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The politics of breathing

    Naturevolume 444pages248249 (2006) | Download Citation

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    Both sides in a US pollution dispute claim that science is on their side. Emma Marris explains how environmental laws have forced them into this position.

    Governments struggle with setting pollution limits when even small amounts cause health problems. Credit: T. SPIEGEL/CORBIS

    Last month, the US Environmental Protection Agency (EPA) made a ruling on air pollution that contradicts the recommendations of its own staff scientists and a panel of external experts. Many groups, from the National Resources Defense Council to the American Lung Association, are protesting loudly. Both the protesters and the EPA claim that science supports their case, but neither side is really right.

    All parties insist that concern for human health is the only factor influencing their decision. But in fact they include different external factors, such as cost, in reaching different figures for the acceptable level of pollution.

    At issue here are small particles found in the air, often the product of combustion in a power plant or car. Formally called 'particulate matter', they are more generally known as soot. When breathed in, the particles inflame the lung tissue, and can lead to obstruction of the airways, and heart and lung disease.

    Periodically, the EPA comes up with acceptable annual and 24-hour exposure levels for particles smaller than 2.5 micrometres across (fine particles) and for particles smaller than 10 micrometres (coarse particles). Many countries and the European Union (EU) regulate coarse but not fine particles (see 'Dirty cities'). The EU has set targets for coarse particles that — assuming that fine particles make up about half to three-quarters of the coarse ones — mean that fine particles would be regulated at around 10–14 micrograms per cubic metre annually by 2010.

    In the United States, the annual standard for fine particles was set for the first time in 1997 at 15 micrograms per cubic metre. This year, when the EPA was set to reconsider the limit, many wanted it lowered. But when the rules were announced on 17 October, it wasn't.

    Public-health experts consider this standard to be the most important — the smaller the particle, the deeper it gets into the lungs, and long-term exposure accounts for more deaths than short-term peaks. At least two large, well-respected epidemiological studies have documented the phenomenon in various cities and are cited extensively by both sides in making the case for different levels of regulation1.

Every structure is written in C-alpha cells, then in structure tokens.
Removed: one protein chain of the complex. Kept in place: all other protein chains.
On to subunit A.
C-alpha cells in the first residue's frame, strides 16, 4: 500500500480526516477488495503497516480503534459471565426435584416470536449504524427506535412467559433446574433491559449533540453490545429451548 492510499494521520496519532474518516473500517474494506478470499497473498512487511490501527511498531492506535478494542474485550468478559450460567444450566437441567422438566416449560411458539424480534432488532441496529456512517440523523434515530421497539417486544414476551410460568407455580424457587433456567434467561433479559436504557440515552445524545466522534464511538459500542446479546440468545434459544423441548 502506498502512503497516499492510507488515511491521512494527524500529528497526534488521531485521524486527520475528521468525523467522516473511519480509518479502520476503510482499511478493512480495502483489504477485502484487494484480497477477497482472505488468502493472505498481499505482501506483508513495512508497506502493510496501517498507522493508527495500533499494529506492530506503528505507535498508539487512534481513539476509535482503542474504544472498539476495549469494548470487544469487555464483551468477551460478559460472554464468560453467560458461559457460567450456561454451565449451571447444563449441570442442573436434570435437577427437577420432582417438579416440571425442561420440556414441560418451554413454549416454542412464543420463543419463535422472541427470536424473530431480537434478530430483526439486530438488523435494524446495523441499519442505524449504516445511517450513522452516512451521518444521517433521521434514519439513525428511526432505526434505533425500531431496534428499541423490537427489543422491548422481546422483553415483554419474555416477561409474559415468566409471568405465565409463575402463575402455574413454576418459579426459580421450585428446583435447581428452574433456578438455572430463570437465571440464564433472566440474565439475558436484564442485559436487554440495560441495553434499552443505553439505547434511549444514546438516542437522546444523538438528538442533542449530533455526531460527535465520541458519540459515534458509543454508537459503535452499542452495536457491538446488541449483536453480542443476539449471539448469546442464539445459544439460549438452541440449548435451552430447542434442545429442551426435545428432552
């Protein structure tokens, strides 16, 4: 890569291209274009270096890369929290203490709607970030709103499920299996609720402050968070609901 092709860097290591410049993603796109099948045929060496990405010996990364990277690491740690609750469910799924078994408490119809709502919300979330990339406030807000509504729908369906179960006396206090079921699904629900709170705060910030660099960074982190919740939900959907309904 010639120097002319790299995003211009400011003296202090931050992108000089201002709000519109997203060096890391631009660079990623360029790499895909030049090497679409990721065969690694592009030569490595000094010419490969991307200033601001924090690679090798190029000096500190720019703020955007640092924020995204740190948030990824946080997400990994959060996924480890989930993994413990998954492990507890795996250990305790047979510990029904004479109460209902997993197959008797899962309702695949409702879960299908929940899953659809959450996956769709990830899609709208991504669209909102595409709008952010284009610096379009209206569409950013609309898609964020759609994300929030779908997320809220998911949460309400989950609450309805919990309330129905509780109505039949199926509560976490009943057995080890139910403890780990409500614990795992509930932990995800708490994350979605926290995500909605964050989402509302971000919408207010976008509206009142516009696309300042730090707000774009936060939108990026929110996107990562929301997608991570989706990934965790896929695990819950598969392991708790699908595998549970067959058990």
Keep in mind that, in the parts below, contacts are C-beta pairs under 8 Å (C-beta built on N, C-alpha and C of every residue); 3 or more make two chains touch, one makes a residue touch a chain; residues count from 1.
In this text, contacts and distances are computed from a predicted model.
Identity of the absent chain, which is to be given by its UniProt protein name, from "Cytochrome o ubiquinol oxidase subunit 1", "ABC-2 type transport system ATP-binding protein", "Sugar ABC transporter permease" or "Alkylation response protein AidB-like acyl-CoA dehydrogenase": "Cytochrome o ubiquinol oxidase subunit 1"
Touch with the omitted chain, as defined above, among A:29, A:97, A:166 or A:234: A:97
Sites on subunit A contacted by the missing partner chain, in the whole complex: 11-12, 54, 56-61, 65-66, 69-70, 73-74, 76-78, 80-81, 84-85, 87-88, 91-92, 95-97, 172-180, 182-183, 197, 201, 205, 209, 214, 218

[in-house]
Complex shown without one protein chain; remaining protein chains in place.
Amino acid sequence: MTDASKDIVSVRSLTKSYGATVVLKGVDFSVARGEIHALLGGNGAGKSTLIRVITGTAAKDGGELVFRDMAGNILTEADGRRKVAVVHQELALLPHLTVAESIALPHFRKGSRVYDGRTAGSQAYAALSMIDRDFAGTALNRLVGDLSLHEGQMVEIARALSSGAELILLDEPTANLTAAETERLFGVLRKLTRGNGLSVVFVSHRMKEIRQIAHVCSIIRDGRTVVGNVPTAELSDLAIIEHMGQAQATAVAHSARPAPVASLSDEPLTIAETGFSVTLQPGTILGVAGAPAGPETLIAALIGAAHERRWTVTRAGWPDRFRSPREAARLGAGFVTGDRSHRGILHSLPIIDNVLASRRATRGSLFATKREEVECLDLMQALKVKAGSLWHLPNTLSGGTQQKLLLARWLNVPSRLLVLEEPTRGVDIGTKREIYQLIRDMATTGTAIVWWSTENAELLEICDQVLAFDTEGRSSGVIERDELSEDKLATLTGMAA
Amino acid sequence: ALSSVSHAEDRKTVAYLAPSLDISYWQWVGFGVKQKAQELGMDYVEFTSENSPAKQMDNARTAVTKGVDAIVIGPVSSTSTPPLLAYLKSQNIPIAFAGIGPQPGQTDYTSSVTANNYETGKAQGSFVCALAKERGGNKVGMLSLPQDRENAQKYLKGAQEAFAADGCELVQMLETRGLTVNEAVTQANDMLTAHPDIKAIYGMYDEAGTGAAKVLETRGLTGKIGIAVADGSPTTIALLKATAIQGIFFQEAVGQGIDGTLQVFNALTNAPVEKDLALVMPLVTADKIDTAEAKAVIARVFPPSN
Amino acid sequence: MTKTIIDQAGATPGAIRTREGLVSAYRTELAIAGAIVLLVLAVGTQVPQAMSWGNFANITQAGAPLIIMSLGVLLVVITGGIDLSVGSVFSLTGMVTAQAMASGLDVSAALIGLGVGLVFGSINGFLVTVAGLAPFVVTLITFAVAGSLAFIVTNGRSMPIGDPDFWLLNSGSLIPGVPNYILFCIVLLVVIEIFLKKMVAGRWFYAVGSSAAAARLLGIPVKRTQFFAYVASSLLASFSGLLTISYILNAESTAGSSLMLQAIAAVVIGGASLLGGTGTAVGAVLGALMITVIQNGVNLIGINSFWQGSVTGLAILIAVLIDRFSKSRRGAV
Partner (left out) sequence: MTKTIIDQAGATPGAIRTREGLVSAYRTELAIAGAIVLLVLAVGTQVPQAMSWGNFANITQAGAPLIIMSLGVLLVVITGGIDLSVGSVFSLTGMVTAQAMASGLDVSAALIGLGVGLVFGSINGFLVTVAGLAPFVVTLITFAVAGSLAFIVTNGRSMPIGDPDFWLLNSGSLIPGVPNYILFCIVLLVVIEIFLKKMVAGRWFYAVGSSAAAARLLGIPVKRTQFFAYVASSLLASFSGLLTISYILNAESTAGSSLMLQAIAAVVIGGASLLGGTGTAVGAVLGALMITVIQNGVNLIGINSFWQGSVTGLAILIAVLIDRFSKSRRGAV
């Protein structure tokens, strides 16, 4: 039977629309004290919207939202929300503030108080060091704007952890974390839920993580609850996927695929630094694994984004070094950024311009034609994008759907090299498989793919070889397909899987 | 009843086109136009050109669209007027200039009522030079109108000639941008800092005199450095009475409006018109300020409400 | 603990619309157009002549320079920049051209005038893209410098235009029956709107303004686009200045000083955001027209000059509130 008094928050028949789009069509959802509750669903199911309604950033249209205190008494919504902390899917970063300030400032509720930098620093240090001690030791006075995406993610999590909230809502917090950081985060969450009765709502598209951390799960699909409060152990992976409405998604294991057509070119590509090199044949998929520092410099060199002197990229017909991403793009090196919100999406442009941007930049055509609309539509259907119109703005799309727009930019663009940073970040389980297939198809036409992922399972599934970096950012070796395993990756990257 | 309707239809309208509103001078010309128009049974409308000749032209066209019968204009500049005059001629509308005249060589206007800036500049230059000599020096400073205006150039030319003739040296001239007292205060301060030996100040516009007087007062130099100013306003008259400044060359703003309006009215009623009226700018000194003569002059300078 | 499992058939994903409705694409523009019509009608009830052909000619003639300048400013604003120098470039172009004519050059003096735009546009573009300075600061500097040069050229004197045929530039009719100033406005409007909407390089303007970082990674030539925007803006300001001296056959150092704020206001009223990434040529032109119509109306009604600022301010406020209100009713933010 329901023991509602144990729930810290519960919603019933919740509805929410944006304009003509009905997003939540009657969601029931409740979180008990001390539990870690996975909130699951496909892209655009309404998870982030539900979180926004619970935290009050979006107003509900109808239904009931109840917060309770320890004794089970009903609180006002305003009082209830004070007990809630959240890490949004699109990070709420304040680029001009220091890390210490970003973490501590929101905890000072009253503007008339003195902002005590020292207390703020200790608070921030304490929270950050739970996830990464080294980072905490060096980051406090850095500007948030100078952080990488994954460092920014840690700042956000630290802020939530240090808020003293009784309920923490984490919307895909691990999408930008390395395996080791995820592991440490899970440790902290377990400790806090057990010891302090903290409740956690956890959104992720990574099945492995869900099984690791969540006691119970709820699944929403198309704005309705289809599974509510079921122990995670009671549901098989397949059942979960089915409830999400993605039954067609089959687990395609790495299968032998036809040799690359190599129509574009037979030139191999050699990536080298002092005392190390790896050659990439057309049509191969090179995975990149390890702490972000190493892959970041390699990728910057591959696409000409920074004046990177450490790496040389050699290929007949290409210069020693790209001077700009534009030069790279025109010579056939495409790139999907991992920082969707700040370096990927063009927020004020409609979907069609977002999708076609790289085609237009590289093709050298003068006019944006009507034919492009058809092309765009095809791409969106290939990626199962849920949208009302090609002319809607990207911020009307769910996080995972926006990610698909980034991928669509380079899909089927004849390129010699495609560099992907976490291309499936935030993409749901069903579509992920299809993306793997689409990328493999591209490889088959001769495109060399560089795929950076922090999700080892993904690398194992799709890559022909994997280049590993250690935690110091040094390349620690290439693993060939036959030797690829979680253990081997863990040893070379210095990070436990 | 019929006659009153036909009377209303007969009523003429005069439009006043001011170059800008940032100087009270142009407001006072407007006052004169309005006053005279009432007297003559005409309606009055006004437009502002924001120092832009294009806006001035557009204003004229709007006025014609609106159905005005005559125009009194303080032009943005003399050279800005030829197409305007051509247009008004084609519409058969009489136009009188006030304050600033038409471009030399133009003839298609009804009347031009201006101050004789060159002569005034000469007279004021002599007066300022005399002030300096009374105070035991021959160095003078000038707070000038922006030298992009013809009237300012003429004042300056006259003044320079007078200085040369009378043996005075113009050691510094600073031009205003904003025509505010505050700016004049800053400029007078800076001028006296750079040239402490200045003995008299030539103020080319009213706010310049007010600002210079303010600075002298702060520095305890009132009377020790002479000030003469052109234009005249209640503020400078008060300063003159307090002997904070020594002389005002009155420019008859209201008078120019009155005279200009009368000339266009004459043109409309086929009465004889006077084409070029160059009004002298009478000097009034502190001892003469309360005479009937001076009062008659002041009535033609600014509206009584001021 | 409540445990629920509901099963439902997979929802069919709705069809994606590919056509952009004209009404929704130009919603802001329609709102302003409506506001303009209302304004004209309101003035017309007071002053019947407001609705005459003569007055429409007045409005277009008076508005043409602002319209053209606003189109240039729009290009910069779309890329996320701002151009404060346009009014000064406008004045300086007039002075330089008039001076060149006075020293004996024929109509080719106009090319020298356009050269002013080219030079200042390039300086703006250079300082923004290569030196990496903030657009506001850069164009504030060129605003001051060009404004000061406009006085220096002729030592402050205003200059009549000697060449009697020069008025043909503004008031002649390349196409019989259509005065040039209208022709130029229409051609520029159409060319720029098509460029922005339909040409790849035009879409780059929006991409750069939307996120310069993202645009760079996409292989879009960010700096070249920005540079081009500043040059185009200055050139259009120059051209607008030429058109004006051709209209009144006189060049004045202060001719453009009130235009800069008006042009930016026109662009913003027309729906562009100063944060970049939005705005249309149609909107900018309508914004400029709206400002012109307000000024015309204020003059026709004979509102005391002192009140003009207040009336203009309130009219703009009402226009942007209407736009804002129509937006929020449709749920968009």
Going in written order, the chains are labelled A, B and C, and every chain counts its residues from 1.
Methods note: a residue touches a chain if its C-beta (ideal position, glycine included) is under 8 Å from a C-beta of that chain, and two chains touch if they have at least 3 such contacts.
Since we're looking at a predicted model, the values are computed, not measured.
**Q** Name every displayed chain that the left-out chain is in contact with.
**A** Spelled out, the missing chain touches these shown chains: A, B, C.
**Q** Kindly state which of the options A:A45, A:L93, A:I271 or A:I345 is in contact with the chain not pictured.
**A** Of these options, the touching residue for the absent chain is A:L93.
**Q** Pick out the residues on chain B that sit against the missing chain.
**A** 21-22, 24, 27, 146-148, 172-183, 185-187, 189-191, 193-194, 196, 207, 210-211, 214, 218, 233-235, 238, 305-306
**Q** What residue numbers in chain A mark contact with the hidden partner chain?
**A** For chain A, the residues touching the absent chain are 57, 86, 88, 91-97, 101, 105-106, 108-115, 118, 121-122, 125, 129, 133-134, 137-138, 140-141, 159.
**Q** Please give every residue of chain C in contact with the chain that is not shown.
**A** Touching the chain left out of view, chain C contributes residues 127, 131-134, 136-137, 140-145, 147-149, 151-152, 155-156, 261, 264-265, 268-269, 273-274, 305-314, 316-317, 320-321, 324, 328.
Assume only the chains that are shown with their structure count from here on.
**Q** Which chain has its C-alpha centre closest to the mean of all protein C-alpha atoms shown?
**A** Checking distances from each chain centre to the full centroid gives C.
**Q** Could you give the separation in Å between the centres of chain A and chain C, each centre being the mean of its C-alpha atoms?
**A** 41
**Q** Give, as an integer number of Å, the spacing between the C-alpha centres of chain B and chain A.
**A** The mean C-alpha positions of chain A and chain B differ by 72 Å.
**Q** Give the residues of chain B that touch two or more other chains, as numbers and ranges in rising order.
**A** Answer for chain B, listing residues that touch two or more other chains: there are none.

“The judgement becomes: is there some level at which we quit trying to go lower?”

    Arden Pope, an environmental epidemiologist at Brigham Young University in Utah, was involved in both studies. He says there is no evidence that it is safe to breathe any level of particulate. The relationship between particulate concentration and illness or death is more or less linear: the worse the air, the worse your health. The studies suggest that for every additional microgram of fine particulate in the air, between 0.6% and 1.6% more people will die every year — that's a few tens of thousands of deaths a year in the United States.

    Science on its own does not provide an obvious standard — pick any number, and a level set below it will produce fewer deaths — but a number must nonetheless be chosen. “There is no threshold at which some sensitive group is not harmed,” says Pope. “The judgement then becomes: is there some level at which we quit trying to go lower? Then it becomes a policy judgement.”

    Finding a level

    That judgement is made by EPA administrator Stephen Johnson. As part of the process, agency scientists pull together the available science and put some values on the table for discussion. An external panel of experts reviews this and makes recommendations: in this instance, to lower the annual standard to 14 micrograms per cubic metre. But in the end, Johnson maintained the level at 15 micrograms.

    According to the final ruling, Johnson gave more weight to uncertainties in the data at lower exposure levels, and based the long-term standards on long-term studies, instead of also including some related data from short-term studies. Interested parties have until 17 December to file a complaint, or a lawsuit.

    The panel of external experts was livid. “We took our tests very seriously and came up with a recommendation that the administrator didn't take,” says Rogene Henderson, head of the panel and an air-pollution expert at the Lovelace Respiratory Research Institute in Albuquerque, New Mexico. “My concern is that the administrator chose not to take our advice, but other people's.”